"Alright, then. Come on. Next lesson." Miroku took another handful of hair, and dragged Inu-Yasha to yet another booth. This time, two full jugs of sake and two shallow cups were procured; Miroku held them awkwardly in one hand while he dragged Inu-Yasha back to the edge of the village. He did not release his deathgrip on Inu-Yasha's white hair until they were back beneath the tree.

Inu-Yasha went through his screaming fit routine.

Miroku waited patiently.

Once Inu-Yasha was out of breath and pink in the face, Miroku took the two cups, and then said, "Have a seat, Inu-Yasha."

After a few moments, Inu-Yasha sat down. Miroku passed him a shallow cup, "Am I to assume you've never had sake before?"

"I have. Just not in a long time."

"I see," Miroku replied, and then uncorked one of the jugs, before directing Inu-Yasha to hold his cup out. "Well, you know I shall pour for you, and you shall pour for me, yes?"

"Yeah, yeah," Inu-Yasha muttered.

Miroku filled the hanyou's cup, and the watched with great amusement as Inu-Yasha went through amazing confusion.

Inu-Yasha sniffed at the drink, peered at the color, sniffed again, and wrinkled his nose.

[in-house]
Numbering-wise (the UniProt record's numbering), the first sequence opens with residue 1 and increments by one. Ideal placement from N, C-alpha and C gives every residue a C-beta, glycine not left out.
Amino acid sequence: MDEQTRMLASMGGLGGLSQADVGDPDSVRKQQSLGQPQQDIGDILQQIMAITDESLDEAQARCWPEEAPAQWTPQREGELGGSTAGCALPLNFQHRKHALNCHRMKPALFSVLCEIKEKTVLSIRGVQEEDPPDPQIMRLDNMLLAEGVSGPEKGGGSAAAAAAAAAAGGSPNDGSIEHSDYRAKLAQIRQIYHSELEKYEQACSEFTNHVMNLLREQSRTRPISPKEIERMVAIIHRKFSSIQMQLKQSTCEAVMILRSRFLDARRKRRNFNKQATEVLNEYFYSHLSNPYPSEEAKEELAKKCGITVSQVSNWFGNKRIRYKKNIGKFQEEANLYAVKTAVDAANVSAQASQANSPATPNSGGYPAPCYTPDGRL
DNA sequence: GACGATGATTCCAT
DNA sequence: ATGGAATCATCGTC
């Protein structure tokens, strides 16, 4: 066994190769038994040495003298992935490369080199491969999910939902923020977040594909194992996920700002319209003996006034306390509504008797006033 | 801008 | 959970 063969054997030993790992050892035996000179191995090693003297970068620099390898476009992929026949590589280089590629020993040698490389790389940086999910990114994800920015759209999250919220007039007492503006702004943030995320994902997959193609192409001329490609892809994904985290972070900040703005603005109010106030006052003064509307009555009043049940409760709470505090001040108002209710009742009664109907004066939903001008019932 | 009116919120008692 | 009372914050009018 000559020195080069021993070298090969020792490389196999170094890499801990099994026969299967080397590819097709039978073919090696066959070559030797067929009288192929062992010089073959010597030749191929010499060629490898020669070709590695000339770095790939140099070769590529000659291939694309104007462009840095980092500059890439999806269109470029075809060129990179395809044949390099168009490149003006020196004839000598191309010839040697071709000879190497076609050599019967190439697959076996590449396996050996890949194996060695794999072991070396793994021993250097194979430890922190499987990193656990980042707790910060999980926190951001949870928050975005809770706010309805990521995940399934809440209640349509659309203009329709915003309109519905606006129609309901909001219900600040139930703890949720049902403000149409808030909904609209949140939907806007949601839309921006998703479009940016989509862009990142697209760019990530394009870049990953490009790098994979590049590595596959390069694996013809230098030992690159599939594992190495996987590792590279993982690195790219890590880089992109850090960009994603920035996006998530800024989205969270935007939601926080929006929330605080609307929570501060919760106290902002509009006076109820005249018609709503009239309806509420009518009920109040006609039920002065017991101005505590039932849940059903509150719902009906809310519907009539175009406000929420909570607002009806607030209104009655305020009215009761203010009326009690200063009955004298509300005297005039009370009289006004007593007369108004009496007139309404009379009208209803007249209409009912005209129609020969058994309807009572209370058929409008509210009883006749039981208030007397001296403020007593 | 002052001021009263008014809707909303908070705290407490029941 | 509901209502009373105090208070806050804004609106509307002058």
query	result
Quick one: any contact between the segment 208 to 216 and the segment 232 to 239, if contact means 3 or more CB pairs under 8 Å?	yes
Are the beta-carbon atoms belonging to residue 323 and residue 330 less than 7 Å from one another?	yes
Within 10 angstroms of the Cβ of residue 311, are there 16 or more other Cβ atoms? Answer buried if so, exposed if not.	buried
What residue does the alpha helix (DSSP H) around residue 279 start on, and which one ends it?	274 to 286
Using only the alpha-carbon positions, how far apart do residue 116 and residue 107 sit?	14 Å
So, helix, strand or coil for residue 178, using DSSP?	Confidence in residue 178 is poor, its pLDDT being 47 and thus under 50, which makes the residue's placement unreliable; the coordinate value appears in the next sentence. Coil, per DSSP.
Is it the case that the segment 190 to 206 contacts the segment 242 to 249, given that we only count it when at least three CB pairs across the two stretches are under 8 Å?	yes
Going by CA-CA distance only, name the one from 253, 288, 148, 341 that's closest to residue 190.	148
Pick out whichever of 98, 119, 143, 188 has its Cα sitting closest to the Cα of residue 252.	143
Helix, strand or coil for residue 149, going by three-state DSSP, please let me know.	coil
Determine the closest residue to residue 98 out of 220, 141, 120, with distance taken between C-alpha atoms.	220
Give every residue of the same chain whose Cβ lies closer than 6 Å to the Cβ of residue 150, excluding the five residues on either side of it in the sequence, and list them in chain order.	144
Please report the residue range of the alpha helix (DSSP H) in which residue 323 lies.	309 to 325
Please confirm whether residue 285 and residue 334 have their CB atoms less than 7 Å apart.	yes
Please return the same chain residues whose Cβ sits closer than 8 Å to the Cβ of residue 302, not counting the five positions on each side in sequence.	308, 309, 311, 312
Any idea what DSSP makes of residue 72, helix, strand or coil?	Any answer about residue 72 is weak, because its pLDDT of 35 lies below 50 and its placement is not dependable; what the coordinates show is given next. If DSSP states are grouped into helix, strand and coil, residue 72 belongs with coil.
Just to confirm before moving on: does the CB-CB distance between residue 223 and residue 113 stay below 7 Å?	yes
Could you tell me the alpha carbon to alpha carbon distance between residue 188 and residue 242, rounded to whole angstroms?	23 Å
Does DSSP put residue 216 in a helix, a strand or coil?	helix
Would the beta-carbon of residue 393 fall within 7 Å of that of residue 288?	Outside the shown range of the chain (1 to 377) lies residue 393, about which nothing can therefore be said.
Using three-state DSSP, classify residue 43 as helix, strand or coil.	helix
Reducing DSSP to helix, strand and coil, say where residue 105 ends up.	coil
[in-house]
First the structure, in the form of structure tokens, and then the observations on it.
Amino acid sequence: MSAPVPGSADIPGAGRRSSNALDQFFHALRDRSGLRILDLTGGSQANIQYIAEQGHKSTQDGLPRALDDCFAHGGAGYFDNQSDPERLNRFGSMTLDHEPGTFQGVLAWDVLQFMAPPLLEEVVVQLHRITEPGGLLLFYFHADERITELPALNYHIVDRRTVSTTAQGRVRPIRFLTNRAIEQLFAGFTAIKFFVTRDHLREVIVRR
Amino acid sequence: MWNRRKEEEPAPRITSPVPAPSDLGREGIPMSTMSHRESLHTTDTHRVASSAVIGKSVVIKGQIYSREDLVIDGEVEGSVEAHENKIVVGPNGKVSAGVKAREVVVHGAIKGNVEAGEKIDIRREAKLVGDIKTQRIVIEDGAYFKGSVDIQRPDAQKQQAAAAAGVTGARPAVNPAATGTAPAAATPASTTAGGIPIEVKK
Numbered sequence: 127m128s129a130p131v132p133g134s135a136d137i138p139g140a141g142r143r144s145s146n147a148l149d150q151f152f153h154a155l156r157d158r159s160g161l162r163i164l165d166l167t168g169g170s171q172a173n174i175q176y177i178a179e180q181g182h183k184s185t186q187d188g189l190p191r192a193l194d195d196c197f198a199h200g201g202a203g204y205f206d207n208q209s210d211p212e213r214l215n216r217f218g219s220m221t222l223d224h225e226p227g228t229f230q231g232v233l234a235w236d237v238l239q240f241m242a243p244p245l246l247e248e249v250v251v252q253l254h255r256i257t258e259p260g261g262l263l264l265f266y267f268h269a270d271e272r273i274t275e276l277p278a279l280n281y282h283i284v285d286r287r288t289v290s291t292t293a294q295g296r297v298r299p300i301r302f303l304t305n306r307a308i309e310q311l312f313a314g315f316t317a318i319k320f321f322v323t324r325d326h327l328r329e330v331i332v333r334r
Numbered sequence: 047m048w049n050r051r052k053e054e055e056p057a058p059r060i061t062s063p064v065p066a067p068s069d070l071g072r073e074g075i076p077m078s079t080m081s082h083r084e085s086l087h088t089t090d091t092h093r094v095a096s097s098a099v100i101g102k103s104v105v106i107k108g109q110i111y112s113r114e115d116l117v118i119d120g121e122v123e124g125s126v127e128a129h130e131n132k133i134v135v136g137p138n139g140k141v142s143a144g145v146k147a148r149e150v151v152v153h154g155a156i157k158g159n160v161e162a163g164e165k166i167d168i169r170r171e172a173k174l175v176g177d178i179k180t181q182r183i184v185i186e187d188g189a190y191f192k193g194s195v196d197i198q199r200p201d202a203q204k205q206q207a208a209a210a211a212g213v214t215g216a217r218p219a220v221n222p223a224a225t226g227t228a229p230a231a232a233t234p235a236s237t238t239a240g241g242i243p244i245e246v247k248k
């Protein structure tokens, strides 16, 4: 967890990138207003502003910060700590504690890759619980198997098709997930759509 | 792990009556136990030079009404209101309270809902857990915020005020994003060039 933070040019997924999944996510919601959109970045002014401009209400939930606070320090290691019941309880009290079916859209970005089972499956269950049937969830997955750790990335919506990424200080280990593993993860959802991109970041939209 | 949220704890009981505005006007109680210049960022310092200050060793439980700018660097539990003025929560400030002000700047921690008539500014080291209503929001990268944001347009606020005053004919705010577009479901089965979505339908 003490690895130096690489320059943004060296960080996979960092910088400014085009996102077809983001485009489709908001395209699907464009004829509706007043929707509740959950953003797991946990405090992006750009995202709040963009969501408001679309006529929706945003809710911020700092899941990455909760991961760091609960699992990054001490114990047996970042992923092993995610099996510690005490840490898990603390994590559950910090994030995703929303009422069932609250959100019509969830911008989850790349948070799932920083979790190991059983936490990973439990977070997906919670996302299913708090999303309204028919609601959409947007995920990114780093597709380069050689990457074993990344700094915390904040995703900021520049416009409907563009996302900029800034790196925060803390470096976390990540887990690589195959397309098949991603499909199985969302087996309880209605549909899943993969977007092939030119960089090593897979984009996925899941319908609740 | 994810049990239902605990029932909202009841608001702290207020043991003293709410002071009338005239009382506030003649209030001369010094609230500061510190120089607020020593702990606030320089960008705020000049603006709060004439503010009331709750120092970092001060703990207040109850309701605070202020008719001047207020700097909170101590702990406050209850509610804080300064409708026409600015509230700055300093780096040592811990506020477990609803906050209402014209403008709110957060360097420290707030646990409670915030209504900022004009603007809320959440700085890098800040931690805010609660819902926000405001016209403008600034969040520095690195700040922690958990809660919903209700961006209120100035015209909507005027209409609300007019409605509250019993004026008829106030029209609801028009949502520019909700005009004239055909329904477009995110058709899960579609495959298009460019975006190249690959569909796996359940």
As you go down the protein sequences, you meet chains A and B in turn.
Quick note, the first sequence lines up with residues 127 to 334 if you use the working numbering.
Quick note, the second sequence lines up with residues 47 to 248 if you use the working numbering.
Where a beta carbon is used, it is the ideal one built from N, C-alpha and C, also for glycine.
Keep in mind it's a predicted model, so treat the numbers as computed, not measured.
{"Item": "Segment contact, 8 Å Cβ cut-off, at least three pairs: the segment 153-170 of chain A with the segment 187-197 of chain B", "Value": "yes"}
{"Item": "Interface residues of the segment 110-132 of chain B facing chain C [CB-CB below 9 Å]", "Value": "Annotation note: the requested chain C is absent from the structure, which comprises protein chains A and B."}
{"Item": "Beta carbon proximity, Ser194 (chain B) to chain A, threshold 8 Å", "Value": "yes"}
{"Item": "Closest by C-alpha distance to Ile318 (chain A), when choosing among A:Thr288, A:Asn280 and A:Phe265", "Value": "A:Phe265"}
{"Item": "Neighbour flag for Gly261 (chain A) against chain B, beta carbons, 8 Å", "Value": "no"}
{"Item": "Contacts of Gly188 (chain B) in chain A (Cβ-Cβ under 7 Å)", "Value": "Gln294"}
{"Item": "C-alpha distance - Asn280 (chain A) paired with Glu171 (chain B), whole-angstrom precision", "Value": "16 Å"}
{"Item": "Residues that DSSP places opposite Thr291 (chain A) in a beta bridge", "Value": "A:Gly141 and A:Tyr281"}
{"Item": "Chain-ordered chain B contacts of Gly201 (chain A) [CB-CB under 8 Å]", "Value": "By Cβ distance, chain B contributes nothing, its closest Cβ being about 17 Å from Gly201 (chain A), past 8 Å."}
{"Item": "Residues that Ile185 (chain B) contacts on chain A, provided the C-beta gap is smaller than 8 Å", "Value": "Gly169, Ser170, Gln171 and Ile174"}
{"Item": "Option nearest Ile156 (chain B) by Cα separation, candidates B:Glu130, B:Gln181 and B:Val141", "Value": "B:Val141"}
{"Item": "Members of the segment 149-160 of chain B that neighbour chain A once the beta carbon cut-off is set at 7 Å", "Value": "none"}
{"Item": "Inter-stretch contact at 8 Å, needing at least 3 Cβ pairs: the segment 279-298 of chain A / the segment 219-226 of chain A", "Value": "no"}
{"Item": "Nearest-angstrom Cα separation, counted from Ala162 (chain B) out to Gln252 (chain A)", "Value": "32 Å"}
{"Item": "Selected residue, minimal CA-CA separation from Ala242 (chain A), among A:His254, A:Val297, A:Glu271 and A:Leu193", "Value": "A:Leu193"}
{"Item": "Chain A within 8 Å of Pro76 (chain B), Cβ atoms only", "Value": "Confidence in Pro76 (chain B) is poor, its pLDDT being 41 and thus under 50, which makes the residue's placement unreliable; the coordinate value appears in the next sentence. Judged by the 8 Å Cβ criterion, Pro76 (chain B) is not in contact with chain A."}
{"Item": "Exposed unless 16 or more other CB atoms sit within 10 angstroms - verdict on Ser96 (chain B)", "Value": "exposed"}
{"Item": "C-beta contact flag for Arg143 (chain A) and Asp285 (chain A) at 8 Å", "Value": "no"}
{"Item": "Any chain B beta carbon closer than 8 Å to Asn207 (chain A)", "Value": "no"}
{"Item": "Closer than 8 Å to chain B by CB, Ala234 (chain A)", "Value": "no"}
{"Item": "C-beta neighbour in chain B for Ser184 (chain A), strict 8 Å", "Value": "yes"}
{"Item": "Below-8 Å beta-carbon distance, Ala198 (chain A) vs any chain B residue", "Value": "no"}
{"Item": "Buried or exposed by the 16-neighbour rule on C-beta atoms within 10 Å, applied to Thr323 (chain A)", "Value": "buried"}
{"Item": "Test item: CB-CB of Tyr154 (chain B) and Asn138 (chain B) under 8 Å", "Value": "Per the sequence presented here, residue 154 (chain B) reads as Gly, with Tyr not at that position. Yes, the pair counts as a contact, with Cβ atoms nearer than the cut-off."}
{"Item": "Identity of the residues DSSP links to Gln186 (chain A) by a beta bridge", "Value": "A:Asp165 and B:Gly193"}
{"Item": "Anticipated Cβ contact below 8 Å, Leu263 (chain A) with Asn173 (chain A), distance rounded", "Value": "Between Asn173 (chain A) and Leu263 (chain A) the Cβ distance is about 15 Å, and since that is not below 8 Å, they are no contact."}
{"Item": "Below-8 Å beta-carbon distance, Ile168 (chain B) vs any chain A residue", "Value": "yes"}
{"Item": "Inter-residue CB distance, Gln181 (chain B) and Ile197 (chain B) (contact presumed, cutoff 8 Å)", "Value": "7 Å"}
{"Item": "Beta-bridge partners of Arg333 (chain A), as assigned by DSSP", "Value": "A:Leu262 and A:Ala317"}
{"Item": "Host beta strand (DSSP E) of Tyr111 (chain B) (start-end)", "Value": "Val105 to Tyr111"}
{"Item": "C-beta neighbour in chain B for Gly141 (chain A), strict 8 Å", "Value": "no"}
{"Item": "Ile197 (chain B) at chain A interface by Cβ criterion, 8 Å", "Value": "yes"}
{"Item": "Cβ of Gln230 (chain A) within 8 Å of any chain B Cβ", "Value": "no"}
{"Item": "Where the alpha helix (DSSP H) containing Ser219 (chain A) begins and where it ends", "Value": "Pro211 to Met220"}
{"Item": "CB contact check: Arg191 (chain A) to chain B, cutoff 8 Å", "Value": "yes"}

"It smells funny."

"Drink and enjoy it." The monk smiled, but it wasn't a friendly expression.

Inu-Yasha sighed, and then downed the contents of the cup—before coughing violently.

"Tastes like grass!" he sputtered wetly.

"Shut up and enjoy it." Miroku took up his cup and waited patiently for Inu-Yasha's fit to end. Once he could see that the hanyou's faculties were back, he wiggled his cup suggestively.

Inu-Yasha grumbled again and then did as Miroku had, filling the cup just so, and allowing the monk to drink. Miroku did not cough or sputter. In fact, he look fairly pleased.

"Not bad," he said simply. "For a small village."

"Keh."

"Now, now. Sake takes a little getting used to," Miroku tried to assure him, even as he poured Inu-Yasha a second cup.

"Tsh. It's just tastes funny!"